I love baking, I love exercising, I love my work, but I also have a secret passion for all things language. It gave me a thrill to be invited by the superb linguist Dr. Denise Santos to contribute with a little article to her blog. If you’d like to see it, jump here.
This is a guest post by my best friend, husband, and eminently satisfactory co-worker!
Their heyday passed a few decades ago, but if you had the good fortune to visit one of Trader Vic Bergeron’s restaurants, then you probably enjoyed a memorable meal of Polynesian appetizers, drinks and exotic Asian dishes. Delicious beef “cho cho” or crab Rangoon or cheese bings or crispy prawns… YUM, YUM! Or, perhaps you drank a Mai Tai or two in a tiki bar on a tropical beach in Hawaii …. Trader Vic created that classic libation. It all started in 1934, in Oakland, CA, but during the 2nd half of the 20th century Trader Vic’s franchise operated > 30 locations in all the major American cities. They were places to go and celebrate something … special, fun places to relax and laugh with best friends and family. I experienced the restaurants in Chicago, SF, Atlanta, Emeryville and Beverly Hills; just remembering my companions and those occasions puts a smile on my face. Now only two US restaurants remain, the original Trader Vic’s, now on the SF East Bay waterfront (in Emeryville), and a second in Atlanta.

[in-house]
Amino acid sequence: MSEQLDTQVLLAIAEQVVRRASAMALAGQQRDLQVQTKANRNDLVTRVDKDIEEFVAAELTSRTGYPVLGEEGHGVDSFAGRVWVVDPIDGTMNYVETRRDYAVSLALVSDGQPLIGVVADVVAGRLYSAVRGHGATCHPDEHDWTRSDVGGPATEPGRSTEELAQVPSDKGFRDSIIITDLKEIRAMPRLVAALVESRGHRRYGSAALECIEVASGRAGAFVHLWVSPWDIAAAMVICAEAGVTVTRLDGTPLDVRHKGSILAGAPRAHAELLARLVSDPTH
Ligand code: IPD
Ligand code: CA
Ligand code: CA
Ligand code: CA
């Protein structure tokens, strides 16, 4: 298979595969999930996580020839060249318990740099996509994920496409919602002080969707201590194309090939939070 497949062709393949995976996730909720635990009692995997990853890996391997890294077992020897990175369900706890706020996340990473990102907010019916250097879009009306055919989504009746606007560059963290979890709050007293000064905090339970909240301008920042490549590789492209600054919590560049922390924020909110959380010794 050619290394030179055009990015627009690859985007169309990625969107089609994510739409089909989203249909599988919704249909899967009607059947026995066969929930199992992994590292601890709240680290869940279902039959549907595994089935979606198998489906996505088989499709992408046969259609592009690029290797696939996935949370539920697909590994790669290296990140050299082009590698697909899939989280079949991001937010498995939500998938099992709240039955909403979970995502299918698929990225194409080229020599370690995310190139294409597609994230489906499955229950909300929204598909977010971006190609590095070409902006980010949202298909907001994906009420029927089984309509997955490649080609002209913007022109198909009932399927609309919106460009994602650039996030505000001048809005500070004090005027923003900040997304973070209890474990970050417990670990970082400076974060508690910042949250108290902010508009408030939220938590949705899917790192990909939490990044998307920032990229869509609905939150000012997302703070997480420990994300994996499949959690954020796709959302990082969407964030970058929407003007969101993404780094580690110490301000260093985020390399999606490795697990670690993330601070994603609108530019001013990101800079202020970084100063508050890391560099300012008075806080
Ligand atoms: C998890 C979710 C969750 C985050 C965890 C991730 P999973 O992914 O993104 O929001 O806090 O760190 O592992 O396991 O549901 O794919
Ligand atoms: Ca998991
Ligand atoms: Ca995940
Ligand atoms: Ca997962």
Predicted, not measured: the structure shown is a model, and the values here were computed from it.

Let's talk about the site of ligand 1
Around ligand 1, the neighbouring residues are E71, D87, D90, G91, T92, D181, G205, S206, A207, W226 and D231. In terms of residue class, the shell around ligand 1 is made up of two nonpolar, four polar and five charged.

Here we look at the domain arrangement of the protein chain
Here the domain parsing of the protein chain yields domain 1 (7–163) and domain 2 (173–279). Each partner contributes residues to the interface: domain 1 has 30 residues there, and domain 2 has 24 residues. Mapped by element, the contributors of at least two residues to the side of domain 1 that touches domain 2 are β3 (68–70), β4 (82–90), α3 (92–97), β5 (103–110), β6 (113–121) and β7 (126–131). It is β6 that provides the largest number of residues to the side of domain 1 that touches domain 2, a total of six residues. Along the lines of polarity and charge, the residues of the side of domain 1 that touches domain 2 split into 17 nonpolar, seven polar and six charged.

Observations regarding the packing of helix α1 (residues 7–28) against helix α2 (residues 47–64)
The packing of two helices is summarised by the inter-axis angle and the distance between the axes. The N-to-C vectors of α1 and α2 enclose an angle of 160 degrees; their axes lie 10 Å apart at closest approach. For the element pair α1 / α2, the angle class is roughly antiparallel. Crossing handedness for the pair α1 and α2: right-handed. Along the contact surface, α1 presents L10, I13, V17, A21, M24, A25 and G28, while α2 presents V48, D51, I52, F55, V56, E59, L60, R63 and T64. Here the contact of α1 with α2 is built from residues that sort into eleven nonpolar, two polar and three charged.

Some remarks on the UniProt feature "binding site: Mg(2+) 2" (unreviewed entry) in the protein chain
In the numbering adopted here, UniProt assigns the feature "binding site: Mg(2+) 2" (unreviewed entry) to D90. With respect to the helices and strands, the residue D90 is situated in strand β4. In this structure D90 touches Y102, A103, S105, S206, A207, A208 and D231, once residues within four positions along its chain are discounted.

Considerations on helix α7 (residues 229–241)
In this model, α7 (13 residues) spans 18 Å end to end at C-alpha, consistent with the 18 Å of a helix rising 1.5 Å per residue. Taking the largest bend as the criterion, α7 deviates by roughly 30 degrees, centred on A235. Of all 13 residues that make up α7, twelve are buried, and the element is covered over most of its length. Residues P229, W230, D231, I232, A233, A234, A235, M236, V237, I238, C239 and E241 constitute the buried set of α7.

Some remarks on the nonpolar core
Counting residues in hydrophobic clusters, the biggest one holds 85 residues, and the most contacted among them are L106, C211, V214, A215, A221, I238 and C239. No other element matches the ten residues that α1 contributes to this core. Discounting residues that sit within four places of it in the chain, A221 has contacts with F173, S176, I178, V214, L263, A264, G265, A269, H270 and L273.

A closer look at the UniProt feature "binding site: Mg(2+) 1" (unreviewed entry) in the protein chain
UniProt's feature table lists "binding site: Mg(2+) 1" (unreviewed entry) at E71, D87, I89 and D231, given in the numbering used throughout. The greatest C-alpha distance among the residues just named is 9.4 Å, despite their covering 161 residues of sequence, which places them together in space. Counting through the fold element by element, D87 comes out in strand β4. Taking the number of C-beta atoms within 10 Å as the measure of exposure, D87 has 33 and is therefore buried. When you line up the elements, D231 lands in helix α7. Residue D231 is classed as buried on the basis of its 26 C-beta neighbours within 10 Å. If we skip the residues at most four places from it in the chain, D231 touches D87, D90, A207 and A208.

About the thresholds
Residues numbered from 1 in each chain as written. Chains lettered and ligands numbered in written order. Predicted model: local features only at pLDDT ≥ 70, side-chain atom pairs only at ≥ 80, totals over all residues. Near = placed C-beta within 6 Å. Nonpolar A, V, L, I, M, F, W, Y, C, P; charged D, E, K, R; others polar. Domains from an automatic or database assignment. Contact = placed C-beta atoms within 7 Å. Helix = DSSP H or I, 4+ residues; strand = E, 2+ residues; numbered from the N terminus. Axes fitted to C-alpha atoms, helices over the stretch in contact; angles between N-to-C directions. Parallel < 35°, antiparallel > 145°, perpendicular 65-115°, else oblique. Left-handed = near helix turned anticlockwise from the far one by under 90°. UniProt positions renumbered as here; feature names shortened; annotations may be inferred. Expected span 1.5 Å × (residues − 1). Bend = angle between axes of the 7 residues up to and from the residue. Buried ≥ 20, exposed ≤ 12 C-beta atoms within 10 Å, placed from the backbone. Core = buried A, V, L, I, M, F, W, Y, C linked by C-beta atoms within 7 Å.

This fond memory recalls my Uncle Bill and Aunt Mildred Sladek, who lived in Riverside, IL. Uncle Bill was a renowned Chicago proctologist, and consequently, a very popular man. I was a pre‐med major at Notre Dame, 80 miles away in S. Bend, IN. I spent many excellent weekends with my favorite aunt and uncle, who were guiding me toward a medical career. When I arrived on the South Shore train on Friday night we were off to one of Chicago’s fine restaurants. Uncle Bill was so well-respected that when he and Mildred a entered a Loop restaurant the Maitre d’ and wait-staff began to bow and curtsey as if Henry VIII and Anne Boleyn had just walked in. Such was the case at Trader Vic’s in the Palmer House in Chicago. It was where I had my first oyster on the half‐shell, and the site of fine meals with the Sladek family (my cousins Bill Jr., Bob and Barbara), including one dinner preceding the Chicago performance of “Hair” in 1972. We loved all the tropical drinks, but especially the Suffering Bastard, that Trader Vic also concocted.
The recipe was a secret, but Uncle Bill managed to get it from the Maitre d’, and passed it to me in a handwritten note that I saved in a lockbox until now. When you search for the recipe of a Suffering Bastard, you will find some drinks that originated at the Cairo Hotel, made from bourbon and gin. But that’s not the same thing we drank at Trader Vic’s. If you’re looking for a refreshing drink on a hot summer day, then you’ve found it!
THE SUFFERING BASTARD
(from Trader Vic’s)
1 measure white rum
2 measures dark rum (Light Burns or Mount Gay Barbados rum)
1 measure Mai Tai mix (Trader Vic’s is best … available at Amazon.com)